The Houston Association of Realtors released their November Market Report on December 14, 2022. This report revealed that single-family home sales fell 30.4 percent, with 5,827 units sold compared to 8,374 in November 2021—for the steepest monthly sales decline of 2022. These numbers show that, on a year-to-date basis, the market now trails 2021’s record-setting volume by 8.8 percent. HAR notes , however, that “compared to November 2019 – before the pandemic – sales were down just 8.4 percent despite the doubling of interest rates”
HAR’s analysis describes the market as enduring “a perfect storm of economic challenges, including inflation, elevated interest rates and pricing, limited inventory and the start of the holiday shopping season.” Active listings (the total number of available properties) is up 51.3 percent compared to last year, but remains below pre-pandemic levels.
“Because Houston housing was hyper-energized at the beginning of the year, concern arose when interest rates increased, and we began experiencing a consistent decline in sales volume. It’s important to maintain perspective by acknowledging that our market is battling the same forces as the rest of the country, between higher interest rates and prices, inflation, and limited inventory. Fortunately, the Houston area has weathered the downturn better than many other markets.” HAR Chair Jennifer Wauhob, with Better Homes and Gardens Real Estate Gary Greene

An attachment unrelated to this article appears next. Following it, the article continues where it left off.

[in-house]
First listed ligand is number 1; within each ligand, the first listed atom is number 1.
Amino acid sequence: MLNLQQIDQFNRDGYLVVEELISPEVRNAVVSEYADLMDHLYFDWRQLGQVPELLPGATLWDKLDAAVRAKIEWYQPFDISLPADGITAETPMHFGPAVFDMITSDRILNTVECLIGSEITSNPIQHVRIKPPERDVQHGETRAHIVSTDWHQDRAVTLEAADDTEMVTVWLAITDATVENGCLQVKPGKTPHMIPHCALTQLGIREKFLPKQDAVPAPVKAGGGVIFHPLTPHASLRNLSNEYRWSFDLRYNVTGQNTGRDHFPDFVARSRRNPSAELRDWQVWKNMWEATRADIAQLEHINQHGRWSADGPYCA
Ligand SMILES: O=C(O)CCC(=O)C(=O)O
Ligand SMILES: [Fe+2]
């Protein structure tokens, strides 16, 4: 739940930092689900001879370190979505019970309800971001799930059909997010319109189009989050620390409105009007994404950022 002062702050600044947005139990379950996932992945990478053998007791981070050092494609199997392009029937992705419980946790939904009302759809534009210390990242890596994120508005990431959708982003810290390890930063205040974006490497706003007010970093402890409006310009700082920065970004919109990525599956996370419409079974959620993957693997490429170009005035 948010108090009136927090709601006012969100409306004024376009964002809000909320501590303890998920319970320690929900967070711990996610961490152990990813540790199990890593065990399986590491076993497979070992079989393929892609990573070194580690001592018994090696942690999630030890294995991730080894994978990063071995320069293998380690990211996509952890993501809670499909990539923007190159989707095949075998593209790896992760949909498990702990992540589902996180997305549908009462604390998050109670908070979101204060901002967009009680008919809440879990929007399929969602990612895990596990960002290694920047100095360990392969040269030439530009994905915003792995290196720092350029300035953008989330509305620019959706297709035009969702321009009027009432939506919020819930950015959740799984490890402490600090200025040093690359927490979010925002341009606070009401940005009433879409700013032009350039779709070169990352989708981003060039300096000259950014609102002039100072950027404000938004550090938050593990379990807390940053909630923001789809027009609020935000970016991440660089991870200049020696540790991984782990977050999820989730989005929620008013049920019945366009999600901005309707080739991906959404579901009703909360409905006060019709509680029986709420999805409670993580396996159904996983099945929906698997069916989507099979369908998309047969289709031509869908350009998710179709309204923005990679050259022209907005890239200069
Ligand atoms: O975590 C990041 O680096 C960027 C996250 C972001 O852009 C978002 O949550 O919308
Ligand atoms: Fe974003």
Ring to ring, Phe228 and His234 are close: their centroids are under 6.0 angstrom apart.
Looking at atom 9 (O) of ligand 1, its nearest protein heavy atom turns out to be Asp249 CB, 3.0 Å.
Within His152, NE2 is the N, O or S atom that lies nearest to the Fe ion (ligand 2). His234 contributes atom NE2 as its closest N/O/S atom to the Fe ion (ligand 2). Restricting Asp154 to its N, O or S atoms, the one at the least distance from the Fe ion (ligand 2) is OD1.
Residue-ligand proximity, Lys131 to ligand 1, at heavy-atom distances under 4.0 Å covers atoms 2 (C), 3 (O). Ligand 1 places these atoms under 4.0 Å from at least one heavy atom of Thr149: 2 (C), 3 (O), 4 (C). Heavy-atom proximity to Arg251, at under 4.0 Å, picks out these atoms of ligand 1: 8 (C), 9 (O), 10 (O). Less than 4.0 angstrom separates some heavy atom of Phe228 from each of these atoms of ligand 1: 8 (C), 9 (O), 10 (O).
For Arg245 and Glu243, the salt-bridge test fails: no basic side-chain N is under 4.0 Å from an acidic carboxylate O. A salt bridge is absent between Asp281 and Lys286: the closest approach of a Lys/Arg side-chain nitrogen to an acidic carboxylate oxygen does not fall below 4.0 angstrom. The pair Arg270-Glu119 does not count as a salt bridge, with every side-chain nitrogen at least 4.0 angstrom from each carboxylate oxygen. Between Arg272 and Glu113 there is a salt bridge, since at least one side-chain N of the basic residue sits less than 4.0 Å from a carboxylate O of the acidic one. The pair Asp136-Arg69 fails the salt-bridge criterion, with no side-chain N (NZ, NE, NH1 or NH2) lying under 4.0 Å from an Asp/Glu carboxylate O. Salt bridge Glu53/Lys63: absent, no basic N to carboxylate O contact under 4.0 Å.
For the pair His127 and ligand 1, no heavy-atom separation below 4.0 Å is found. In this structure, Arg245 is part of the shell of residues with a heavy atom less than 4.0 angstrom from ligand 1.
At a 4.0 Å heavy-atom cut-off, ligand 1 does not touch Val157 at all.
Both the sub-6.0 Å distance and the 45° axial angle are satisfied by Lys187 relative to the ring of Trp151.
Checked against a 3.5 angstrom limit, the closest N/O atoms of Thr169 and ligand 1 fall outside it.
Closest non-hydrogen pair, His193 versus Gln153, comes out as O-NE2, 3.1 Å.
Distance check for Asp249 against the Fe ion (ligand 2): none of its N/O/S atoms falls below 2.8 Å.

The actual time it took to sell a home, Days on Market, went from 35 to 48 days. Months of inventory stands at 2.9 months compared to 1.5 months a year earlier-- the largest number of months' supply since July 2020. The National supply is 3.3 months, according to NAR.
In terms of price, single-family homes rose 5.8 percent in November to $403,589 –significantly lower than May’s record high of $438,301. The median price went up by 7.0 percent to $332,000, also below the record of $354,000, from this past June.
November Sales Performance by housing segment:
- $1 - $99,999: 13.9 percent decrease
- $100,000 - $149,999: 29.6 percent decrease
- $150,000 - $249,999: 44.6 percent decrease
- $250,000 - $499,999: 27.4 percent decrease
- $500,000 - $999,999: 19.0 percent decrease
- $1M and above: 23.7 percent decrease
Existing Single-Family Homes
HAR also tracks sales figures for existing single-family homes without including new construction. November’s existing home sales by themselves totaled 4,214, down 38.1 percent 2021. The average existing home sales price rose 4.3 percent to $397,178 while the median existing home sales price increased 2.5 percent to $312,500. Those figures are also significantly below the record-setting prices from earlier this year.